Today, myself and three of my fellow Atlassian‘s walked up the street to the corner of 8th and Natoma, the headquarters of ECS and the CHEFs program. CHEFs is a program that teaches the homeless how to become cooks, preparing them for full-time jobs in kitchens throughout the Bay Area.
Today, Phase 2 students prepared a three-course meal of salad, followed by paprika chicken over butter noodles, served with spinach and mushroom stuffed zucchini, finishing with a tiramisu pudding. This was the last meal Phase 2 would be preparing for their classmates before they moved into full-time internships as line chefs at various restaurants. Dressed in white chefs coats and seated at long tables, the other students ate lunch and critiqued their fellow classmates’ work.
We were able to sit with the ECS employees that included the head of employment and placement, the IT manager and data analyst, the head of volunteering, as well as two of the head chefs and teachers of the course. We asked questions about the program, what it meant to them, how it worked, and the challenges they faced.
The program is built to serve people that are either homeless, in shelters, or in half way houses. The requirements to get in are tough. You must have three professional references, a personal statement, and an up-to-date letter of recommendation, to name a few. But perhaps the toughest part for the students is simply making it through the rigorous coursework that requires 240 hours over seven months.
The students attend a week long orientation in the beginning, where they cannot be late or absent in order for ECS to monitor them for acceptance into the program. If people can commit for a week, then they should be able to do well for the full course, they said. CHEFs loses about 30% during this first week. But those that do make it through the orientation and move on to the full program have nearly an 80% chance of getting full-time employment. And ECS is there every step of the way to ensure that they have all the resources they need to be successful. Some of the issues people face in the program are not for a lack of will. It’s usually more functional than that – like child care or medical issues.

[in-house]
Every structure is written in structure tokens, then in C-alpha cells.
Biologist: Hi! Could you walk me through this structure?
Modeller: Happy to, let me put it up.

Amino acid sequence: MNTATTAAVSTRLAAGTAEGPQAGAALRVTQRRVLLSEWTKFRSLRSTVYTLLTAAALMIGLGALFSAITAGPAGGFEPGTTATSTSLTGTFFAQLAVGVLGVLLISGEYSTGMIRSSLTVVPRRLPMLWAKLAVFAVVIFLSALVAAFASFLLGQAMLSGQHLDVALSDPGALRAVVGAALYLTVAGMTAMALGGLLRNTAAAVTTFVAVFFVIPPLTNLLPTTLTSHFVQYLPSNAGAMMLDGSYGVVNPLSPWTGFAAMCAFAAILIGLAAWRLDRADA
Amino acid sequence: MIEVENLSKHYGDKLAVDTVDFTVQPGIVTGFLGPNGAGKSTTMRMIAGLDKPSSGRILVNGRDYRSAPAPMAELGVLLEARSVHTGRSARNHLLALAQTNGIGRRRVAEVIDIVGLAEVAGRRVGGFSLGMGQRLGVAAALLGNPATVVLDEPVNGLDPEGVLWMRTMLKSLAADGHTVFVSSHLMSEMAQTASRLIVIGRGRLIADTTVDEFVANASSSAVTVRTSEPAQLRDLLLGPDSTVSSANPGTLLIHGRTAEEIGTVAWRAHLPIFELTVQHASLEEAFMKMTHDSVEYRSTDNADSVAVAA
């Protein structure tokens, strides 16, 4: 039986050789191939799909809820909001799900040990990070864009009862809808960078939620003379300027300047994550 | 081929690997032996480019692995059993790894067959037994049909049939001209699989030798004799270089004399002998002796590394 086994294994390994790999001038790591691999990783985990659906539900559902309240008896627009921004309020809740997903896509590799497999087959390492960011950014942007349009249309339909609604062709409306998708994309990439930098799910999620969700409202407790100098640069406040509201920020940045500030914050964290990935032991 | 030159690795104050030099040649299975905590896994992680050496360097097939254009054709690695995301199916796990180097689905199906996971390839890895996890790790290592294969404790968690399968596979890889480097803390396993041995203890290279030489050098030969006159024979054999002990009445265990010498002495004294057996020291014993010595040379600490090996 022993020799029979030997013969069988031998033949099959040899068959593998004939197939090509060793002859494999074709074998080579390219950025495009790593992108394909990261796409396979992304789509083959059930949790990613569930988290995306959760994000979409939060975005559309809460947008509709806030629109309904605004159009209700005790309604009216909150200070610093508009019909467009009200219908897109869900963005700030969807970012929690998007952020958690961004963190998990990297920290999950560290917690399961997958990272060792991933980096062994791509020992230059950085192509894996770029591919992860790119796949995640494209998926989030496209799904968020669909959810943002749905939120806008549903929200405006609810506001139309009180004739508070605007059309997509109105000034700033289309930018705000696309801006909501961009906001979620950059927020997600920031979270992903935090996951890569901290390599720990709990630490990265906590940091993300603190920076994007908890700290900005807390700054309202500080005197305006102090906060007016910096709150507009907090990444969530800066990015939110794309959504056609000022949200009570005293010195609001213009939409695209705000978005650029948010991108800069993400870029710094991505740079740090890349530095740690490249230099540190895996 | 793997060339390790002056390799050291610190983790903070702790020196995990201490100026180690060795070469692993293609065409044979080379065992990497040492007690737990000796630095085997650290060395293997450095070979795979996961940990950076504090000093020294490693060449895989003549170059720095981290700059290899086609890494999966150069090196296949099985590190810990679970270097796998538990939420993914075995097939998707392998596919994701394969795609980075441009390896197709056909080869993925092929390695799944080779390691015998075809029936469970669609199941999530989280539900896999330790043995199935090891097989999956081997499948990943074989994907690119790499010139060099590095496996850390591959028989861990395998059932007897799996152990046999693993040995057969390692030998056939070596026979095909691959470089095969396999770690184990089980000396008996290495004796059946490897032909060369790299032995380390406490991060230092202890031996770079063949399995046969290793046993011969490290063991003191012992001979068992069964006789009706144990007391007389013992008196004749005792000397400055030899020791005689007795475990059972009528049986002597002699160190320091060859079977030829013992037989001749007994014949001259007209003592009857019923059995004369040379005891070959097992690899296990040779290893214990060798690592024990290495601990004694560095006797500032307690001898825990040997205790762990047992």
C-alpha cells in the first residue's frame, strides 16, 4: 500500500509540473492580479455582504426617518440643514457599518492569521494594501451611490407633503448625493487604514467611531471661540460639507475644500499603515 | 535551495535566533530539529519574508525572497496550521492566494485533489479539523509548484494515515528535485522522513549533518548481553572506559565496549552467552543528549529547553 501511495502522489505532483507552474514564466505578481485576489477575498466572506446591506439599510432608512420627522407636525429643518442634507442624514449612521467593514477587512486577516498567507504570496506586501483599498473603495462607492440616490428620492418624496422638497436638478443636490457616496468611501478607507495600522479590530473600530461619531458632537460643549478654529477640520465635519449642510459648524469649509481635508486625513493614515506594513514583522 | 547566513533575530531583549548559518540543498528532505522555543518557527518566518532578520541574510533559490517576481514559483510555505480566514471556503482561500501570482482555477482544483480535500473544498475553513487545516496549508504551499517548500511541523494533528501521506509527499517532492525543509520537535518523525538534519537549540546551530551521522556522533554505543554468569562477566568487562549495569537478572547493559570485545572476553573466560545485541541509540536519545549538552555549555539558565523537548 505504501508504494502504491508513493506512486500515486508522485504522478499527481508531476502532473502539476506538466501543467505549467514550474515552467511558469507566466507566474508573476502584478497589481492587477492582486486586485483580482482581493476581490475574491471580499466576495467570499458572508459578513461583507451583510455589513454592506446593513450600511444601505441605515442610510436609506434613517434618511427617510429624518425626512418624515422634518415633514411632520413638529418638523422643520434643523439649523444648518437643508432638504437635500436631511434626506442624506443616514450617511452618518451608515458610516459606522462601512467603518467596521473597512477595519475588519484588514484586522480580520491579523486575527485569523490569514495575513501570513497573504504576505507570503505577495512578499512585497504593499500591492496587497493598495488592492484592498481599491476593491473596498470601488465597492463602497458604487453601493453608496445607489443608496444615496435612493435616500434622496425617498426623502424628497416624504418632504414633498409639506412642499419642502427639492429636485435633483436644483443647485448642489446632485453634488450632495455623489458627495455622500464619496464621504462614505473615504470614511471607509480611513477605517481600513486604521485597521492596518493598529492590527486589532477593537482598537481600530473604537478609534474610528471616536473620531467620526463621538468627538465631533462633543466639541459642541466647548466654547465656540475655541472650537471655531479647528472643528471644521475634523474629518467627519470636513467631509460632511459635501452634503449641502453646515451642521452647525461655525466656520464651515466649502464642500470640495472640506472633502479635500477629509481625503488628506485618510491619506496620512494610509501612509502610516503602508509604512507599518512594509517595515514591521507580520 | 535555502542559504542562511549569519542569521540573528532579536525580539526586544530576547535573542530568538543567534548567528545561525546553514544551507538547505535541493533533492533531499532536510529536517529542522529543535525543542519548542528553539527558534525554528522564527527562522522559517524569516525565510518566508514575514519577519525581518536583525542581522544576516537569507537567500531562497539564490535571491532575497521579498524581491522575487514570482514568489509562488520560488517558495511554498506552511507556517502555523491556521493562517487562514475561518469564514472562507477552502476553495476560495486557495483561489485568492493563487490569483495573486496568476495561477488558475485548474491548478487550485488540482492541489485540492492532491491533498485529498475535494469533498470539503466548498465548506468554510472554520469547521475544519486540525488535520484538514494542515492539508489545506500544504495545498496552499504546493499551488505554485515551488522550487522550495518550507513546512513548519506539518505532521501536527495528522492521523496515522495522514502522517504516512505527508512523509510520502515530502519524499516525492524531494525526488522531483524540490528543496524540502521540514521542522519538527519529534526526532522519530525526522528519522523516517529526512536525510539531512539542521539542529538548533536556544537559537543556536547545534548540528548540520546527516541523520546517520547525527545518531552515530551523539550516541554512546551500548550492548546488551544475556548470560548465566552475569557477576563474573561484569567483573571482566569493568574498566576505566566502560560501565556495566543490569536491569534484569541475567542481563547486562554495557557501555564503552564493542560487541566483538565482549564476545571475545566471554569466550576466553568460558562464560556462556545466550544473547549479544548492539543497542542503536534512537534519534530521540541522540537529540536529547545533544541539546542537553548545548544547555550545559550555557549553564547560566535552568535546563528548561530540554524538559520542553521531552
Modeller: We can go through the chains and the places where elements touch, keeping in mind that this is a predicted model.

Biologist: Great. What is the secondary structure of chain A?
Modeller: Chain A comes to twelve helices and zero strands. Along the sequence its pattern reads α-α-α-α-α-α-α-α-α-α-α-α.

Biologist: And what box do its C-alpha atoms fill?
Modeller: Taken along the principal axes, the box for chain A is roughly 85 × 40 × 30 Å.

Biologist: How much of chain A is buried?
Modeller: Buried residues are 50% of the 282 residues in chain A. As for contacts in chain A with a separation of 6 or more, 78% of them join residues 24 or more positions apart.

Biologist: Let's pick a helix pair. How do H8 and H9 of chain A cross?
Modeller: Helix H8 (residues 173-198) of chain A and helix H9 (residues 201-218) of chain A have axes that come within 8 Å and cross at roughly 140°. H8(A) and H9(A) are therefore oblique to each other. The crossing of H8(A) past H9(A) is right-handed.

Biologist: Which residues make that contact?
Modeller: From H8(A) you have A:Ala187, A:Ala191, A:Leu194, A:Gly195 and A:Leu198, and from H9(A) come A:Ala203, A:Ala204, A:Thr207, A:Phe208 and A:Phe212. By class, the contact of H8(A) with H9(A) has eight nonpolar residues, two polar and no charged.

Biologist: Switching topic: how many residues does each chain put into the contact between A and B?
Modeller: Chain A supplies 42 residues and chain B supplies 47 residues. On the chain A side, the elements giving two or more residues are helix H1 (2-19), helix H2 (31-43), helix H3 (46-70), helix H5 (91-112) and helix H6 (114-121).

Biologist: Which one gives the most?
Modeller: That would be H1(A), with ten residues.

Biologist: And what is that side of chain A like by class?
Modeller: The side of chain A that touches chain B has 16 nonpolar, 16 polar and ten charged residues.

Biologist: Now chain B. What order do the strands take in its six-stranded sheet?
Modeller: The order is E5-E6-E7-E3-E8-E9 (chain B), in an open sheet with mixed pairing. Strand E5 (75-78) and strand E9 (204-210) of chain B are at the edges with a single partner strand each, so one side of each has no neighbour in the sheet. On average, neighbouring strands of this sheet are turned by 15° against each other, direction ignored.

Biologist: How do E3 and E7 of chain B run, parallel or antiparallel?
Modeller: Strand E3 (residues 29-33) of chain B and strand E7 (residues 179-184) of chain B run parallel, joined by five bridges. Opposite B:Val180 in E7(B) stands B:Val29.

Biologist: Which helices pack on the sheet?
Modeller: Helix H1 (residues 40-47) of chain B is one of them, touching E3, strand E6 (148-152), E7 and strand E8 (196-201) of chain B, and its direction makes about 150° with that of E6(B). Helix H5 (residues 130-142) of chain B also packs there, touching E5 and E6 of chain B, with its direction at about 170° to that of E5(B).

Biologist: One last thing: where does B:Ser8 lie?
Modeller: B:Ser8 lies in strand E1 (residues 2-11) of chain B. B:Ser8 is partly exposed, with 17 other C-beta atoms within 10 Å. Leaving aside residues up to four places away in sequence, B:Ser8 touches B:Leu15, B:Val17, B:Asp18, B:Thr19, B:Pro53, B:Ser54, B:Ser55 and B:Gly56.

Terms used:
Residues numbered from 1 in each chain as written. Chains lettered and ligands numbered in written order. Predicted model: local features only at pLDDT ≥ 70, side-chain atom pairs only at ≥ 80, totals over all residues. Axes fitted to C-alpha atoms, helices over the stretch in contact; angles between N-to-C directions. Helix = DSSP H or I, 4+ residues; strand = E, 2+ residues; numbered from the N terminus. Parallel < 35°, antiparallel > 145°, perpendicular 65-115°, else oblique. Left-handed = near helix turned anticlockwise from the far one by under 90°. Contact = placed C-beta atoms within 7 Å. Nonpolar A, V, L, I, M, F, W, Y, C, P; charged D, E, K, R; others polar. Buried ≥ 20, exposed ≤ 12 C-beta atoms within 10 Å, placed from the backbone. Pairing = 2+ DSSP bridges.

For those that do make it, the program is game changing.
“It’s empowering,” said Chef Phoebe. “If you take someone that’s been in jail for 40 years and give them a knife and say, I trust you. That’s very powerful.”
The program serves anyone from 18 to 75 years old, some of which have never even been to a restaurant before in their life.
“We are teaching life skills in addition to a trade, how to communicate and behave in a professional environment,” she said.
At the end of lunch, the fellow students took turns critiquing the dishes. They say their name, their phase, and what dish they specifically want to critique. Using descriptions like “delicate” for the zucchini and “bland” for the chicken, or as one student put it, “off the chain,” for the dessert.